1/2 teaspoon ground black pepper
1/4 teaspoon garlic
1 teaspoon dried dill weed

In a large pot over high heat, combine the entire list of ingredients. Yes, the entire list.

Bring to a boil, reduce heat and simmer for 40 minutes, or until vegetables are tender. The wild rice may be a bit underdone at this time, but if you put the stew in the fridge overnight, the rice will be just perfect!

Posted by tapeworm on February 05, 2003
February 04, 2003
m-ko request

My absolute favorite, bar-none, soup recipe: Roasted Butternut and
Garlic Bisque. Adapted (a bit but basically intact) from good ol' Epicurious. The
goat cheese on top really makes the soup superb (my own
addition! ha!) so I wouldn't leave it out if I were you.


1 head of garlic, halved crosswise
1 teaspoon olive oil
1/4 cup (1/2 stick) butter
3 cups chopped onions
3/4 cup chopped carrots
1/2 cup chopped celery
1 4-lb. butternut squash, halved lengthwise
6 cups vegetable stock
2 tablespoons chopped fresh sage

1/2 cup dairy (choose fat content depending on preference;
this soup is rich enough that regular or even nonfat milk is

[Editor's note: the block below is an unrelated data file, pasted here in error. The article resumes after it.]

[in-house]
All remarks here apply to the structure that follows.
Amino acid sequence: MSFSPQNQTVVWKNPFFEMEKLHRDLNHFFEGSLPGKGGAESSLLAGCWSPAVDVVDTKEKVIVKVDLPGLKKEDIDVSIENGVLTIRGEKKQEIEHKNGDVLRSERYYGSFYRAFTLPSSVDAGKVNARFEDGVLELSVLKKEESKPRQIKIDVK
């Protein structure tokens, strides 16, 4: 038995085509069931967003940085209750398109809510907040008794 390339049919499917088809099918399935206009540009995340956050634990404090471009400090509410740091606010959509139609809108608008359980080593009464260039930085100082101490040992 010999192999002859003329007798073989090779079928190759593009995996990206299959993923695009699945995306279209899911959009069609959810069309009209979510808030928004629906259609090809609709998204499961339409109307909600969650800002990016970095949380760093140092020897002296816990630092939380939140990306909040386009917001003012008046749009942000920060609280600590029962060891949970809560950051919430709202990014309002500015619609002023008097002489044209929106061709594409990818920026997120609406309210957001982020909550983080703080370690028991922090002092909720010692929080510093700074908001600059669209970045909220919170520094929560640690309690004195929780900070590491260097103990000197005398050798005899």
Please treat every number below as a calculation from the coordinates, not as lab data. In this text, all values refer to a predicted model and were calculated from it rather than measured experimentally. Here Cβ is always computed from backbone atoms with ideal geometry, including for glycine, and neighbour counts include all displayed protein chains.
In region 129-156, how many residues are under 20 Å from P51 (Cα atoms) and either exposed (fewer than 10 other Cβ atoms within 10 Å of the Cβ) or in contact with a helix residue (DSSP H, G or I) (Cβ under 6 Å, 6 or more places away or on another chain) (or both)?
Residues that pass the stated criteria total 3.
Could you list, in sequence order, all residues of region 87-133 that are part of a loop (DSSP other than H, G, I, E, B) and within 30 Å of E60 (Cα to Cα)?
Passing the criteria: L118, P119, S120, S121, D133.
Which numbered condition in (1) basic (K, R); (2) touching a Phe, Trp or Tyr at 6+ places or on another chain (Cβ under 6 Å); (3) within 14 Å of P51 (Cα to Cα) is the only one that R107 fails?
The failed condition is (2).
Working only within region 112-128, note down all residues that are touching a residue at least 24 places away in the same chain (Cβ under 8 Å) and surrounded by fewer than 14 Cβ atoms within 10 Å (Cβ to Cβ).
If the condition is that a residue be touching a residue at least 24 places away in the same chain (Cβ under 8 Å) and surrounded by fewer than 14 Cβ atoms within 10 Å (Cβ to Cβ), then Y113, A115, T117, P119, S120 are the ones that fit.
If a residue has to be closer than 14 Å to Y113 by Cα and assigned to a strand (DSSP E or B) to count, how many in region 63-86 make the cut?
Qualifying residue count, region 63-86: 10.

just fine.)
Goat cheese

Preheat oven to 400°F. Insert one half of garlic head in hollow of each squash half. Rub garlic and squash surfaces with olive oil; place face down on baking sheet. Roast for 45 min.-1 hr. or until flesh is soft.

Melt butter in heavy large pot over medium heat. Add onions, carrots and celery; sauté until onions are beginning to soften, about 5 minutes. Scoop flesh from squash halves; add squash, stock, and chopped sage to pot. Bring to boil. Reduce heat; simmer uncovered about 25 minutes.

Meanwhile, squeeze garlic cloves from skin into small bowl. Discard skin. Mash garlic with fork until smooth.

Stir garlic into soup. Working in batches, purée soup in blender until smooth. Return to pot. (Can be made 1 day ahead. Refrigerate uncovered until cold. Cover and keep refrigerated. Bring to simmer before continuing.) Stir in 1/2 cup dairy. Season to taste with salt and pepper. Serve with 1-2 tbsp. goat cheese crumbled across top of each bowl.